Thrash Hits

May 28th, 2013

Interview: Greg Puciato of The Dillinger Escape Plan emails us

The Dillinger Escape Plan 2013 band promo photo Thrash Hits

This was meant to be a phone interview with The Dillinger Escape Plan but Greg Puciato didn’t manage to make the connection – that is what we assume to be the connection problems – so we’ve had to do this via email. There appears to have been a bit of a sense of humour transplant with the first question, but this is an email interview and Greg is an interesting man so it’s still ok. We know first-hand that he doesn’t mind spouting nonsense face-to-face, so it’s cool. To be fair, we could’ve put more effort into writing down more intriguing or incisive questions, but then Greg could’ve put more effort into picking up the phone. SO IT’S COOL. NO PROBLEM HERE. OK.

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What is the message of the new album?
“There isn’t a message. The album has meaning or represents something to us as a band and lyrically it has meaning to me but there is no outward message to other people.”

Are there any guest vocalists?
“Yes, but they don’t do any vocals and we aren’t at liberty to name them. They can reveal themselves and what they did if they ever want to individually. Think in terms of James Hetfield hitting a xylophone, but he’s not one of them. He’s not a xylophone. Xylophones are racists.”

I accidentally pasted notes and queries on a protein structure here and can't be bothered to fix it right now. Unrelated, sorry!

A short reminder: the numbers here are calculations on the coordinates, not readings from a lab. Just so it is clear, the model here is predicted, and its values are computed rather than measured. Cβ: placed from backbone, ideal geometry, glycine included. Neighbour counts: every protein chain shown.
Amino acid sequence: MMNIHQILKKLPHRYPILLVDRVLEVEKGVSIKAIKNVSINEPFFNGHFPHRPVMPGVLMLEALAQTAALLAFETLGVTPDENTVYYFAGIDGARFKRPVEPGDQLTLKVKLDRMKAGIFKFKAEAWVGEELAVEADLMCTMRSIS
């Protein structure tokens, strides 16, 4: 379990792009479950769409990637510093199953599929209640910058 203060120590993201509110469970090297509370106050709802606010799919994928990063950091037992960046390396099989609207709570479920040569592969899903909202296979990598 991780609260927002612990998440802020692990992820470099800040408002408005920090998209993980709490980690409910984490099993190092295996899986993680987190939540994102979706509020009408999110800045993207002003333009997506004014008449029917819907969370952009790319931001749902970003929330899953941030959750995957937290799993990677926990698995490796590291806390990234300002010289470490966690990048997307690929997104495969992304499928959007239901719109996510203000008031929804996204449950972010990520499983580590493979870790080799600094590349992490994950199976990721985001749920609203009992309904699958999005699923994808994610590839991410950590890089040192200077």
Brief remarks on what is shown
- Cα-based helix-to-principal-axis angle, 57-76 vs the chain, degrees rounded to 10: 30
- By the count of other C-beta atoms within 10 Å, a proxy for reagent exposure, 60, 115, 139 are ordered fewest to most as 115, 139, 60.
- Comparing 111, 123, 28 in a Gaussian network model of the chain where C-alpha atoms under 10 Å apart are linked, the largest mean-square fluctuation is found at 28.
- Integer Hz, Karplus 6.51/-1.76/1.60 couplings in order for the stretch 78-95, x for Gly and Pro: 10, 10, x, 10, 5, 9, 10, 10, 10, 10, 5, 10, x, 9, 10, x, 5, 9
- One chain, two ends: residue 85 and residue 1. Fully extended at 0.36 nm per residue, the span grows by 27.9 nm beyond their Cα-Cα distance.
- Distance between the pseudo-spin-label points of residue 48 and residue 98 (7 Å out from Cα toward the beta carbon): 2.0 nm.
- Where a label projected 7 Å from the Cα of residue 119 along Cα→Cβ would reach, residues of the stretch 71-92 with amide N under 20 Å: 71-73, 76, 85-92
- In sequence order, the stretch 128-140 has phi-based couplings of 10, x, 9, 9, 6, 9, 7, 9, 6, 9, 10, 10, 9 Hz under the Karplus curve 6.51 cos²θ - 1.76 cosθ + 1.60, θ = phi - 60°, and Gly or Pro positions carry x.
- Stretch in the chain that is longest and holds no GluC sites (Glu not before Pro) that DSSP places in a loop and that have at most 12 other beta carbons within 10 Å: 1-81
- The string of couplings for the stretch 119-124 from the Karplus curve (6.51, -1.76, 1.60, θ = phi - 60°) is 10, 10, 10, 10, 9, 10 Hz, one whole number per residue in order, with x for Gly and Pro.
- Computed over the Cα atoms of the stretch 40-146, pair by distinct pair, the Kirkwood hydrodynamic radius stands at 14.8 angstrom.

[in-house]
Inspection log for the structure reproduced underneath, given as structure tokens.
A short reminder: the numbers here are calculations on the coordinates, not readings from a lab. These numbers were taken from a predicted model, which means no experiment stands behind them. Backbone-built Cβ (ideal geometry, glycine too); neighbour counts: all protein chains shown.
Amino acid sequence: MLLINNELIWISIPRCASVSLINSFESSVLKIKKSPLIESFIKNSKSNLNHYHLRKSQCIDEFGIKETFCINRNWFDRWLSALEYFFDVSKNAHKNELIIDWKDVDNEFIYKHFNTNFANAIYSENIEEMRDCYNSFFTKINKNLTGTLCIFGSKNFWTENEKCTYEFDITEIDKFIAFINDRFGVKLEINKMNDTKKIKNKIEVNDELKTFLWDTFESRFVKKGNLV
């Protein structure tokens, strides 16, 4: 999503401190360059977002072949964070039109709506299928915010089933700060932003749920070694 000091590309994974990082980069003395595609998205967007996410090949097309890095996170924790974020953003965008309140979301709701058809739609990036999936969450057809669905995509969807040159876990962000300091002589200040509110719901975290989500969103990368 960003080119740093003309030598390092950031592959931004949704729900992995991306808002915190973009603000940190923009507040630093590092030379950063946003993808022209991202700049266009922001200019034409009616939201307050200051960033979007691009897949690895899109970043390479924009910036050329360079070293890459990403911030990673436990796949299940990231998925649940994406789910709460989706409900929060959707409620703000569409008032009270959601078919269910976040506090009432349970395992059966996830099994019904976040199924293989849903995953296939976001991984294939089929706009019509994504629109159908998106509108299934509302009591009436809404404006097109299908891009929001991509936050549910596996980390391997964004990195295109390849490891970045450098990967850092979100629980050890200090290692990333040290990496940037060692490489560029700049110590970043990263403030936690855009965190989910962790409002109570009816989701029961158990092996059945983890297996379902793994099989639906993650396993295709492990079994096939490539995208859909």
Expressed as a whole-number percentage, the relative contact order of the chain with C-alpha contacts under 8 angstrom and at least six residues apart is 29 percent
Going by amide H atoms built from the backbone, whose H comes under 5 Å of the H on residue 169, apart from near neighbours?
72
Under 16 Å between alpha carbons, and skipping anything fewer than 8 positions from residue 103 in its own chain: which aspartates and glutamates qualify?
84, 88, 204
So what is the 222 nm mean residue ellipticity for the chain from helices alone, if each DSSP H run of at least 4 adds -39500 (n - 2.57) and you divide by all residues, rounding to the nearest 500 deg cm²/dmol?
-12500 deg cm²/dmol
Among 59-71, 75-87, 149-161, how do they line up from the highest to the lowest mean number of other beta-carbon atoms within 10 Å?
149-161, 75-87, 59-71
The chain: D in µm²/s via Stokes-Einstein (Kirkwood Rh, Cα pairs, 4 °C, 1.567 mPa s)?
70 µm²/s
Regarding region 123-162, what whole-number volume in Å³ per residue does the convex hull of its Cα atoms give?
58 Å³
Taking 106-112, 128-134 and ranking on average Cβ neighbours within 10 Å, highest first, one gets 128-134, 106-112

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How much of a success is Party Smasher?
“It’s a raging success on par with Disneyworld and Google. Pretty sure the current share price is a billion units of currency.”

Do you feel like you’ve proven a point with it?
“To ourselves, yeah. To anyone else? I don’t know. We are obsessive control freaks about this band and Party Smasher is a reflection of that and a pendulum swing against our previous involvement in the more traditional one umbrella company worldwide record contract model.”

How have Sumerian helped?
“They have great distribution and a very young aggressive mindset. We wanted people on the delivery end that are as serious about what they do as we are on the creative end.”

Why did you leave Twitter?
“Because it began to feel more like an obligation than something that I really cared to keep up. Everything I really care to express I do musically right now, and having another outlet during the creative process in particular started to seem like a detriment to me, not just publicly but creatively. I just don’t see the point in it. It’s too narcissistic to tell people what you’re actually doing all the time, plus I would get in real trouble if I actually did, and if anyone wants to know my opinions on things they can always ask me some other way if they can. I just lost the taste for personal social media in general. Got bored with it. I don’t miss it, posting or seeing what other people post.”

What do you do with all you spare time since leaving?
“Drugs.”


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